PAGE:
Guest Blog: 3 stories from 3 different worlds by Kurt Lindley

Last week we hosted 60 clients and colleagues at the headquarters of the British Olympic Association in central London, to explore together ‘Building Successful Brands through Culture’

 

Attendees included Technical Directors from the Football Association, two sporting MBEs, four England internationals across multiple disciplines and clients from businesses as diverse as M&S, Miele and MARS; B&Q, Go-Ahead Travel and Countrywide.

 

Kurt Lindley joined us, and has reflected on his perspective in a blog which we’re pleased to be able to share here

3 stories from 3 different worlds

An invitation from Leading Edge to build something great…

Bill Sweeney (CEO at the British Olympic Association) sets he scene with a provoking life story – some insights and my reflections below…

“If you are the same person now as you were 20 years ago then you have missed a trick”

Success is about ‘always learning’, seeing change as the only constant and change as a healthy part of growth (personally and organisationally). The room seemed to concur with this.

“If you believe enough and visualise, it will happen”

Bill clearly ‘saw’ what he wanted and what he wanted for the organisations he worked with. The need to be able to visualise success or an outcome was a standout part of this talk (not withstanding the need for hard work).

“If you cant see it no one else can”

You have to find your ‘thing’, look within. The essence here seemed to be affirming that it is our individual responsibility to find our chosen destiny and often this comes from listening to your inner voice(s).

“Go where your heart is”

Whilst some of this session related to bland loyalty, Bill was strong in his opinions related to personal loyalty. You can be replaced by an organisation but can you replace what you feel for an organisation?

Eliminate what can go wrong”

Reflecting on preparation for the Rio Olympics, the key seemed to be balancing if not biasing efforts toward ‘eliminating what could go wrong’ over ‘what we must do to get things right’. It may be semantics to some but it meant success for ‘team GB’.

“Our mission is to unite

23 Sports with their own culture under one banner. That is a success by anyone’s measure. One approach, multiple sporting cultures under the ‘ONE TEAM GB’ banner.

“This lifted us…”

“Like and welcome pressure”

Relish it and you will grow in this environment. This manner of work is not for the faint hearted but if you can lean toward the belief shared here you will definitely increase your odds of ‘doing well’.

The Panel Chat

The collective thoughts of Bill Sweeney (CEO at the British Olympic Association), Ciran Stapleton (Head Teacher St Joseph’s and Exec Head Teacher Thomas Beckett) and Arthur Pugh (Project and Change Lead, Global Culture at Mars).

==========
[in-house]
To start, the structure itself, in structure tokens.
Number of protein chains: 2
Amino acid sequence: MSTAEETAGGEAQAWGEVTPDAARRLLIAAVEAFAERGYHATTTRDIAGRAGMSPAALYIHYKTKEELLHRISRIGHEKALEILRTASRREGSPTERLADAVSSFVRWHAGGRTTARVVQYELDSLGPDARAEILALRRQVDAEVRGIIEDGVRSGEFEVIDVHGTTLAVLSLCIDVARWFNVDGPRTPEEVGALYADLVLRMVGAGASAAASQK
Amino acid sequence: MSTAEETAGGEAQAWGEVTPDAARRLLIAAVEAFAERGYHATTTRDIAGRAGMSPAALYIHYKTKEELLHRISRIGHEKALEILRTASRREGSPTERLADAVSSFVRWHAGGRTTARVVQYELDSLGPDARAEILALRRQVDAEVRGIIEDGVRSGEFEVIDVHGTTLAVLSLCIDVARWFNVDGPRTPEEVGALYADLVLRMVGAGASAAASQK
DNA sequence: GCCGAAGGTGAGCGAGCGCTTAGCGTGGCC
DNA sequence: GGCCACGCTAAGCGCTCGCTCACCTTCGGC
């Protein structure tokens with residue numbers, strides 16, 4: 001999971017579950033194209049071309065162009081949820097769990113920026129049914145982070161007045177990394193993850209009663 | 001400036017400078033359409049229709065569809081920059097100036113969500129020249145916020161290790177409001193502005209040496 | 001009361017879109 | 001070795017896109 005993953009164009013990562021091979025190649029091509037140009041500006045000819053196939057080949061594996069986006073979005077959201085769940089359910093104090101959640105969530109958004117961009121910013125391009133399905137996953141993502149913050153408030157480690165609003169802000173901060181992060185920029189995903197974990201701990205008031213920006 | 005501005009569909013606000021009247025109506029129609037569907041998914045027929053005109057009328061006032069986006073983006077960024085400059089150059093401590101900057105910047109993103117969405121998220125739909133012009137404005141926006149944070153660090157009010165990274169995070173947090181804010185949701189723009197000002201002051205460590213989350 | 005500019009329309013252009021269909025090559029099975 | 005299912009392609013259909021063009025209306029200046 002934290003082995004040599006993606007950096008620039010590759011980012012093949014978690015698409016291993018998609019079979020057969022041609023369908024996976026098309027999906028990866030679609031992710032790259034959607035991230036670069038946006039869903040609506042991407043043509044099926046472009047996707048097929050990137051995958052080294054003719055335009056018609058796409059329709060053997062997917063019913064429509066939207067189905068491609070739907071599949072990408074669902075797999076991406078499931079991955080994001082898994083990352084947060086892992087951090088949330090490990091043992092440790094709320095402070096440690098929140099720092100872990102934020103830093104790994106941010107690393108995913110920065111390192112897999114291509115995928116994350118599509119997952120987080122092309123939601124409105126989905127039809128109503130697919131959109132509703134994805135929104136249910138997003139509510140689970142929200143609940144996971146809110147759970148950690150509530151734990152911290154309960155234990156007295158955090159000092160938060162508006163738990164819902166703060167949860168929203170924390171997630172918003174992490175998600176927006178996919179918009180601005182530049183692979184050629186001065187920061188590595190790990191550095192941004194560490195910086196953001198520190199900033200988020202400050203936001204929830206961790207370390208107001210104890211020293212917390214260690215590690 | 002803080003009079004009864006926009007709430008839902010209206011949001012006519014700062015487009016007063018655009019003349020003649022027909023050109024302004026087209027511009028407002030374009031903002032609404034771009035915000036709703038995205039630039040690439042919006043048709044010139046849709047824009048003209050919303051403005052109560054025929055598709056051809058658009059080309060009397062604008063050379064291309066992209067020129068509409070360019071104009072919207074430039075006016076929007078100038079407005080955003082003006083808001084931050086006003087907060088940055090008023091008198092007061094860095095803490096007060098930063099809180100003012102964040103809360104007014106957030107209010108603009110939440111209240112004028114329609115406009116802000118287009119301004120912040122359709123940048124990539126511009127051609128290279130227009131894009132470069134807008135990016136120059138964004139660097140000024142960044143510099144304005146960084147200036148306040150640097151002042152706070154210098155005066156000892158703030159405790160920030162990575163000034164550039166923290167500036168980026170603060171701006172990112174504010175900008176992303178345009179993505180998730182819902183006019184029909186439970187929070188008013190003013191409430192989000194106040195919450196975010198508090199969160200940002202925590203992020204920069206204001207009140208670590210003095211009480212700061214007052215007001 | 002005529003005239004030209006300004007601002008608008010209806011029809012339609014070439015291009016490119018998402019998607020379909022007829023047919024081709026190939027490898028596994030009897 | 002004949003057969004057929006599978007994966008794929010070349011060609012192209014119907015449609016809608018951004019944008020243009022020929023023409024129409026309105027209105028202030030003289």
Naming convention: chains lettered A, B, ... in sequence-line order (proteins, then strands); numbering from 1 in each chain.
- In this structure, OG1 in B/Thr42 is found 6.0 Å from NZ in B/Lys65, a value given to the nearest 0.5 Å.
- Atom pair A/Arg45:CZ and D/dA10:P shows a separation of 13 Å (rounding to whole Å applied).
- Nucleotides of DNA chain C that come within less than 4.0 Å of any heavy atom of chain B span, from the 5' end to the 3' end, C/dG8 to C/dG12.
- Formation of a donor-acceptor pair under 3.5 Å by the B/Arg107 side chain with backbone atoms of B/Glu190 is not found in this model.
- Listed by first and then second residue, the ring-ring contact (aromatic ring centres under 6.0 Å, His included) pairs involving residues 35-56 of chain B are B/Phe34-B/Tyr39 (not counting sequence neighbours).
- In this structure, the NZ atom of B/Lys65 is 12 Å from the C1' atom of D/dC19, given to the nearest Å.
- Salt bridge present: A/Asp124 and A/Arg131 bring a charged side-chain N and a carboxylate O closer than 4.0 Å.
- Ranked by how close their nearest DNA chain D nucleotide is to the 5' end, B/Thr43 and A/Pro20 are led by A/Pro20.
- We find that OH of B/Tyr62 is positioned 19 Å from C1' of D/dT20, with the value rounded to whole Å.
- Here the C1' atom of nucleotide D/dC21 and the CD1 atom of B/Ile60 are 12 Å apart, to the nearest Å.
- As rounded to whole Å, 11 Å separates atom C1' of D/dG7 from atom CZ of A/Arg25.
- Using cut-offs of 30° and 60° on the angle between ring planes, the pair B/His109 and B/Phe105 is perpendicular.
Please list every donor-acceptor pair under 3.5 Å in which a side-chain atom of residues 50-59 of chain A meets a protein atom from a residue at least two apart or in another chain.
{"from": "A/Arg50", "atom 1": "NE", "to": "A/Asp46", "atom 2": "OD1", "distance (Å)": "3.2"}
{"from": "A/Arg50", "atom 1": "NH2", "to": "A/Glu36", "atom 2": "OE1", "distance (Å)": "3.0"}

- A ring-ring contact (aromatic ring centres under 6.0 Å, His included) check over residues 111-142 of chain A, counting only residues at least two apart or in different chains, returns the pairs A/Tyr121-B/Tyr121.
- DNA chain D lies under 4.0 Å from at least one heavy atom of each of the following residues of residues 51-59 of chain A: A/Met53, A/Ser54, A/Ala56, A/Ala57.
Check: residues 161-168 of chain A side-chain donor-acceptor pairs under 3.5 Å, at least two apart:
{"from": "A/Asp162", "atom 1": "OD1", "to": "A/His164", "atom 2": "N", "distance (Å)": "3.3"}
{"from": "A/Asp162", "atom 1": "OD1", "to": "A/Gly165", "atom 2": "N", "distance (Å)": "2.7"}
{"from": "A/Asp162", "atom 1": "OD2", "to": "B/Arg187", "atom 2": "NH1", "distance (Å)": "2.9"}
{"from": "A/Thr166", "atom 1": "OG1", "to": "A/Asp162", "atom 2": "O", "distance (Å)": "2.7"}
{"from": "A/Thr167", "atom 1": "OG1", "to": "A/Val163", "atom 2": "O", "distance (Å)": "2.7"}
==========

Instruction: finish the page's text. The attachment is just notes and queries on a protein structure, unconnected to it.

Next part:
Question to Ciran

Q. How important is brand and culture to the kids and parents in the school?

“Very….it was all about pride for them”

Ciran shared that he worked with pupils and parents to identify what was important to them and the single most significant item that kept being referenced was a need to pride. A need to feel proud of of ‘their school’.

Q.What turned the schools around?

“You have got to love the children and the children have got to know you love them”

It was clear that Ciran saw the need for teacher to ‘love’ the space they worked in and ‘love’ the people they worked with. Accountability for outcomes and taking responsibility for these featured high on the list of criteria for success and drove the change in culture.

Questions to Arthur

Q. What makes Mars successful?

“Positive culture = productivity”

Arthur shared the existence of the Mars ‘Core Values’ and that these were lived on a daily basis in the language of the workforce. They are a common currency.

Employees are not seen as employees but as associates, increasing their personal value for their own role and leaders let people lead too. There is freedom to play (innovate) and mutualality..

“Whats good for you is good for me”

Questions to Bill

Q. What makes a good culture work?

“Set standards and apply this to your work”

Sounds simple and maybe it is this simple in terms of a want. Bill shared this worked well in his time at adidas. They set standards for the way they designed and manufactured their trainers and then applied this in all areas of work. How they worked with others, how they went about their day, how they interacted with team members. They applied across all of what adidas did.

Workshopping some themes

Some explorations to continue which fell out of these sessions – snapshot captured below…

The output of our conversations

Giving a language to culture…

Noticing the broken glass…

Visualising change…

Sustaining high performance…

Closing message

During the panel sharing – the ‘broken widow theory’ was mentioned and connected to/paralleled to people and culture…have a watch of this video and ask… how do you notice and them positively deal with the broken glass in your organisation?

 

Kurt Ewald Lindley – privileged to have been invited

Feedback seem to be good too….

My group selfie – thanks team